If you have ever wondered what would happen if a pair of bloodthirsty aliens intent on harvesting human DNA infiltrated the UK’s cosy crime capital of Midsomer, you’d be part way towards getting a handle on what the hell is going on in Cute Little Buggers. In writer/director Tony Jopia’s micro-budget sci-fi comedy, Ernest and Brian, a pair of hapless aliens on a mission to revitalise their dying planet’s gene pool, make the mistake of choosing the sleepy Oxfordshire village of Deddington for their mission just as the local fete is about to kick off, so it’s going to be the start of a difficult day for local bobby Police Constable James (John R Walker).
With their insatiable need for local females to inseminate, the aliens choose rabbits as their earthbound proxy species (after all, they have a fearsome reputation for reproduction) and set them off to drag off the women and kill anyone who gets in their way. As if that isn’t difficult enough for PC James his boss wants the killings hushed up so people are not put off visiting the fete. If that wakes up your little grey cells then you are on the right wavelength to fully appreciate Jopia’s madcap genre mash-up as the savage bunny attacks intensify and PC James has to band together the surviving locals into a rag-tag army capable of taking on the alien menace with their improvised weapons arsenal.
While Cute Little Buggers is obviously indebted to sixties Brit sci-fi like Island of Terror (1966) and Night Caller From Outer Space (1965), the rural setting and Deddington’s inhabitants with all their eccentricities, tangled love lives, petty jealousies and family secrets are firmly parodied from contemporary UK cosy TV crime dramas like Agatha Christie’s Marple (2004 onwards) and especially Midsomer Murders (1997 onwards). On top of that, there are a whole host of homages to other films and TV to be ticked off and enjoyed by genre buffs, together with plenty of slapstick gore and mayhem, plus some completely gratuitous nudity to keep exploitation fans happy.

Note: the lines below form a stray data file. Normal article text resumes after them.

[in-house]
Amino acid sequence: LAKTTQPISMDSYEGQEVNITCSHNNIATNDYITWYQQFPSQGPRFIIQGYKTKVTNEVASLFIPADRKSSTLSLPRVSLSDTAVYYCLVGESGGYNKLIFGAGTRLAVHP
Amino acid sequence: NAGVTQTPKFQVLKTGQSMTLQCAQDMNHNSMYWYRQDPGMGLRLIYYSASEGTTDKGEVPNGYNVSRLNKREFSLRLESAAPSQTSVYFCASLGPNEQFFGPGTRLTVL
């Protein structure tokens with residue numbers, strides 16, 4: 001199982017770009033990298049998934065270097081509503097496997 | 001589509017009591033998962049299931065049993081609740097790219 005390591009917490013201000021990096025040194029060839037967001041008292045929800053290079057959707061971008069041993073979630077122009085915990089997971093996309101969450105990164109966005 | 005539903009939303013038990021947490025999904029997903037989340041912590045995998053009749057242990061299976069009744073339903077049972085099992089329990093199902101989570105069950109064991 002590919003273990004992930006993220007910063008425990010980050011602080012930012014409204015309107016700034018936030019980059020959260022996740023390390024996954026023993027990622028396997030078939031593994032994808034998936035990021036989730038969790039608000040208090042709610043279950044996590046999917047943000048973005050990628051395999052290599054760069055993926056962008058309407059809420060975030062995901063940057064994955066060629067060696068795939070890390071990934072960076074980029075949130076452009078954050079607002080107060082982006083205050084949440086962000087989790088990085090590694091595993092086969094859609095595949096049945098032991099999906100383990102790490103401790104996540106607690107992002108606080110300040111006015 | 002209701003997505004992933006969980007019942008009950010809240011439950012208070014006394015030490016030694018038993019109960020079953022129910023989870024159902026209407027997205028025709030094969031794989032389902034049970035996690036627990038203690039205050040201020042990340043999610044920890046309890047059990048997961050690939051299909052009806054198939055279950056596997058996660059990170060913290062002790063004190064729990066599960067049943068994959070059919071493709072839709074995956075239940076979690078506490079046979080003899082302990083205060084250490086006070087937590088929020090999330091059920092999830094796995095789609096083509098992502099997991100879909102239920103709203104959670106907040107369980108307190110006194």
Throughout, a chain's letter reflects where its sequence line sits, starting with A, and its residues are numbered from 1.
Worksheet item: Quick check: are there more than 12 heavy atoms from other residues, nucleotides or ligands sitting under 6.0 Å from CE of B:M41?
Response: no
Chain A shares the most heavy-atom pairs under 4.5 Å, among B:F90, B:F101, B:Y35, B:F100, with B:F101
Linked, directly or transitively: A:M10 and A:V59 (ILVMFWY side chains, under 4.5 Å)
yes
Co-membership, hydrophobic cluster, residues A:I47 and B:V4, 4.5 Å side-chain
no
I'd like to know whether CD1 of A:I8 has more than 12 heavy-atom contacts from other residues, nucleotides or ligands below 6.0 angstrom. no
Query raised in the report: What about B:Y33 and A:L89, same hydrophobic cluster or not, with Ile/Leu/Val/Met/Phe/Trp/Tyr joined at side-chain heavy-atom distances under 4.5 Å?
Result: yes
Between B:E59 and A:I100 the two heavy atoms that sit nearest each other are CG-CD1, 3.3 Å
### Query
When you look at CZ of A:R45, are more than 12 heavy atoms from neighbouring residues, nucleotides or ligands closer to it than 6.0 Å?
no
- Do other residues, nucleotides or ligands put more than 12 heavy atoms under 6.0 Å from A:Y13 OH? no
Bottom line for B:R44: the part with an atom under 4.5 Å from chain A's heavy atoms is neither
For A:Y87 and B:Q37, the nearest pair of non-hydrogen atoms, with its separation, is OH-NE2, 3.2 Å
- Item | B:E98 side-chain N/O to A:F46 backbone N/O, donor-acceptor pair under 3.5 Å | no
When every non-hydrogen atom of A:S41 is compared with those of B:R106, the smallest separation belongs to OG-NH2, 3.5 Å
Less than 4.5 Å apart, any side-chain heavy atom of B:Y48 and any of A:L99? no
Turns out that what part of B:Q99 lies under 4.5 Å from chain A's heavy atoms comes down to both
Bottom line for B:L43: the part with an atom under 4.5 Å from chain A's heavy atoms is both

The cheap and tacky creature effects in Cute Little Buggers are wholly appropriate for what Jopia has set out to do with the film and while it isn’t quite as crazily funny as Crying Wolf it does demonstrates a clear love for genre film and TV even if the gags do occasionally misfire. There is also a cameo from the lovely Caroline Munro as the Deddington Fete fortune-teller.
Jopia has existing form with this kind of horror comedy having somehow managed to merge influences as diverse as An American Werewolf in London with Amicus portmanteaus, Leone westerns, and Carry On comedies to produce the madcap comedy Crying Wolf (2015) where a pack of dysfunctional lycanthropes are lured into taking a camping holiday by a team of werewolf hunters.
Unlike Night of the Lepus (1972) this isn’t a film to be laughed at rather than one to be laughed along with, even if sometimes the enthusiasm of the cast gets the better of their experience. I give Cute Little Buggers a four out of five.